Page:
Gold rush not over yet, say German wealth managers

A chart of gold price fits nicely on top of the expansion of money in the developed world recently, according to Germany’s Concept Vermoegensmanagement, which expects both to continue heading in much the same direction.

Thomas Bartling from the German investment manager said ‘safe havens’ should continue performing in 2012, as the world remains a risk-laden place.

His enthusiasm for bullion as a result was echoed, to a point, by Manuela Thies, who runs the Allianz RCM Reale Werte fund.

She has about 11% in bullion exposure, and added she also felt gold miners were at “extremely good valuations. We have low weightings in gold miners now, but we could increase that for our investors,” she said.

Last year, safe harbours such as gold, and US shares, were some of the few exceptions to assets that lost money.

Emerging markets, widely tipped to receive large inflows from the start of 2011, fell by between 31% (China), 25% (India) and 18% (Brazil), for euro-based investors, for example.

Only American’s markets, in the developed world, showed resilience by rising 3% (Nasdaq), 6% (Dow Jones All Industrials) and S&P 500 (flat).

It was oil (up 15%), and gold (10%) that made money as investors looked for safety.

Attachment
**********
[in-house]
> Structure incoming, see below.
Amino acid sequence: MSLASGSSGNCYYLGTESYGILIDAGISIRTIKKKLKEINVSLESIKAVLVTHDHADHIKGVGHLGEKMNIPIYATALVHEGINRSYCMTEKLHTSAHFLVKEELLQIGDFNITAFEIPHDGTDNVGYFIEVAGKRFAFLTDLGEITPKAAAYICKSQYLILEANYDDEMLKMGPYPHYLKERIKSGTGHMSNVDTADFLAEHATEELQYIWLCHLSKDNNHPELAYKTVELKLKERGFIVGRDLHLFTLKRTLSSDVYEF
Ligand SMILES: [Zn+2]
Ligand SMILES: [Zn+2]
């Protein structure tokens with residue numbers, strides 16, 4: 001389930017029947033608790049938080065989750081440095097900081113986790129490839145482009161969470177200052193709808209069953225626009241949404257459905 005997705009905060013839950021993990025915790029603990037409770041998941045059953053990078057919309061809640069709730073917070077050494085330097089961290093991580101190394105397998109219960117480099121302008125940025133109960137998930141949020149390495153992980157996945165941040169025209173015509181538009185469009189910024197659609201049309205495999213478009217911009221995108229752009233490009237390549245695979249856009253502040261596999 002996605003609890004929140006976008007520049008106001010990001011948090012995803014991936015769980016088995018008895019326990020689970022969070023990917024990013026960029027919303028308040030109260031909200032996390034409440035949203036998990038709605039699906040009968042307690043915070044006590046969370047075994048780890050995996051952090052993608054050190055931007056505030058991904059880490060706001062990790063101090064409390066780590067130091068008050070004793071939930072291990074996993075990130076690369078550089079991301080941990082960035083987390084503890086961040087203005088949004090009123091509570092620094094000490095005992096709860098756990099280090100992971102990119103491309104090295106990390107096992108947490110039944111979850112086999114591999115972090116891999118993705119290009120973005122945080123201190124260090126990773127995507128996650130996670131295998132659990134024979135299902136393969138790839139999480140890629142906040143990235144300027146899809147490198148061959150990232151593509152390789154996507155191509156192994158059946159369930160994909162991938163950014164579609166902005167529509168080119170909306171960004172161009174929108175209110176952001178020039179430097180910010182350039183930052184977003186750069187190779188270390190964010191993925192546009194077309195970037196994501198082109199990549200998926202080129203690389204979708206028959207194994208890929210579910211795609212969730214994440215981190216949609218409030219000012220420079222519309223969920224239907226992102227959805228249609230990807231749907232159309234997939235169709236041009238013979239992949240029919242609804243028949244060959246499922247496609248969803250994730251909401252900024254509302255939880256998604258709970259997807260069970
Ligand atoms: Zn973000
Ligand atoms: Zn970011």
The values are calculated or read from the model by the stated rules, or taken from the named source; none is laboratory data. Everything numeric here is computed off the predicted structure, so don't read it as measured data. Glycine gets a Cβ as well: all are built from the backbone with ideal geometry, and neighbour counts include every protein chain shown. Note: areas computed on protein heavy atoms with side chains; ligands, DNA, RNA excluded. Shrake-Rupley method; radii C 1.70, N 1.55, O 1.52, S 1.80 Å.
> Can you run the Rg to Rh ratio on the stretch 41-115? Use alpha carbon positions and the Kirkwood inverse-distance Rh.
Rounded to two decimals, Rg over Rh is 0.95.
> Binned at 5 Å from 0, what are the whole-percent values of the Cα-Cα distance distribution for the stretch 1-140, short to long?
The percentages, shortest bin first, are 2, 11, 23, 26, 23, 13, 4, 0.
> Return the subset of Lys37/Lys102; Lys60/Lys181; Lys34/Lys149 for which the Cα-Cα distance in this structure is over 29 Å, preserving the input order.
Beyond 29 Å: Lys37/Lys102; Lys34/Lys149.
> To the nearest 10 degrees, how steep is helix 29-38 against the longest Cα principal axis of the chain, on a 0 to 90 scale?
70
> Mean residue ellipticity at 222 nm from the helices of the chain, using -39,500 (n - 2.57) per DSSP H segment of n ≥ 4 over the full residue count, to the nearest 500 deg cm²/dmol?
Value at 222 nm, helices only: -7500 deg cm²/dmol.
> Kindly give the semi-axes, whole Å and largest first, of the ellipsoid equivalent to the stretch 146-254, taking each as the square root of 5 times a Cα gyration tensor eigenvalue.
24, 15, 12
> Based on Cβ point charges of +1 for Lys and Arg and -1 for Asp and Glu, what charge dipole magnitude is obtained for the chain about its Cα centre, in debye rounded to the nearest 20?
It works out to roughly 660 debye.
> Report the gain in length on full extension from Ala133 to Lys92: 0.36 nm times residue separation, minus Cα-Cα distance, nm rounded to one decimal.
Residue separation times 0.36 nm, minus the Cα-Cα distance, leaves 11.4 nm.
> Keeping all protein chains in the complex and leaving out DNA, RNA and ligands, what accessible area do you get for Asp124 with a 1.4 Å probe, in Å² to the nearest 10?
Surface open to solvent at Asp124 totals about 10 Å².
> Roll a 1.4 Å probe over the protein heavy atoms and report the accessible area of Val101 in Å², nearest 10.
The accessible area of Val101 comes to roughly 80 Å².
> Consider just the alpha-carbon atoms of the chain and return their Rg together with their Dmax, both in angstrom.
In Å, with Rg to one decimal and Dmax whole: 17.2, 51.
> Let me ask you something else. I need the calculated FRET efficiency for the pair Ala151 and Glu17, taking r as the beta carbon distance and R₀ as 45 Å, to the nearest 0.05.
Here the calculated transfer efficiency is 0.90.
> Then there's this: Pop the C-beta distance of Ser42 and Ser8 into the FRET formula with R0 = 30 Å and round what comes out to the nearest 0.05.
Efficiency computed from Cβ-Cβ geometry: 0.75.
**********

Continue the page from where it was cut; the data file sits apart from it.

Bartling told investors as Fonds Kongress in Mannheim this should continue this year.

He said equities may go into a “brief bear market rally”, crash if the economics of the developed world and in particular eurozone deteriorate.

If central banks print money to repair liquidity – and banks – then expect further debasement of fiat currencies, he said.

Bartling presented some shocking statistics on past debasement since 1970. The amount of US dollars that would buy 100 grams of bullion back then would only buy 2.53 grams. For the euro, using a modelled back-testing, the amount to buy 100g in 1970 would buy 6.3g today.

While paper currencies have clearly cheapened, gold made 9.55% a year, on average, since then.

“It has no credit risk, is always liquid as a global currency, it is understood by everyone and, long term, there is no inflation risk (if you own it). Gold is the safest way to retain the value of your assets,” he said.

   “Meanwhile the whole financial and monetary system remains on a knife-edge. Both [the Fed’s] Ben Bernanke and [ECB’s] Mario Draghi will seek to lower rates and have looser monetary policy. Both gold and gold miners [shares] will be in demand for the next few years.”


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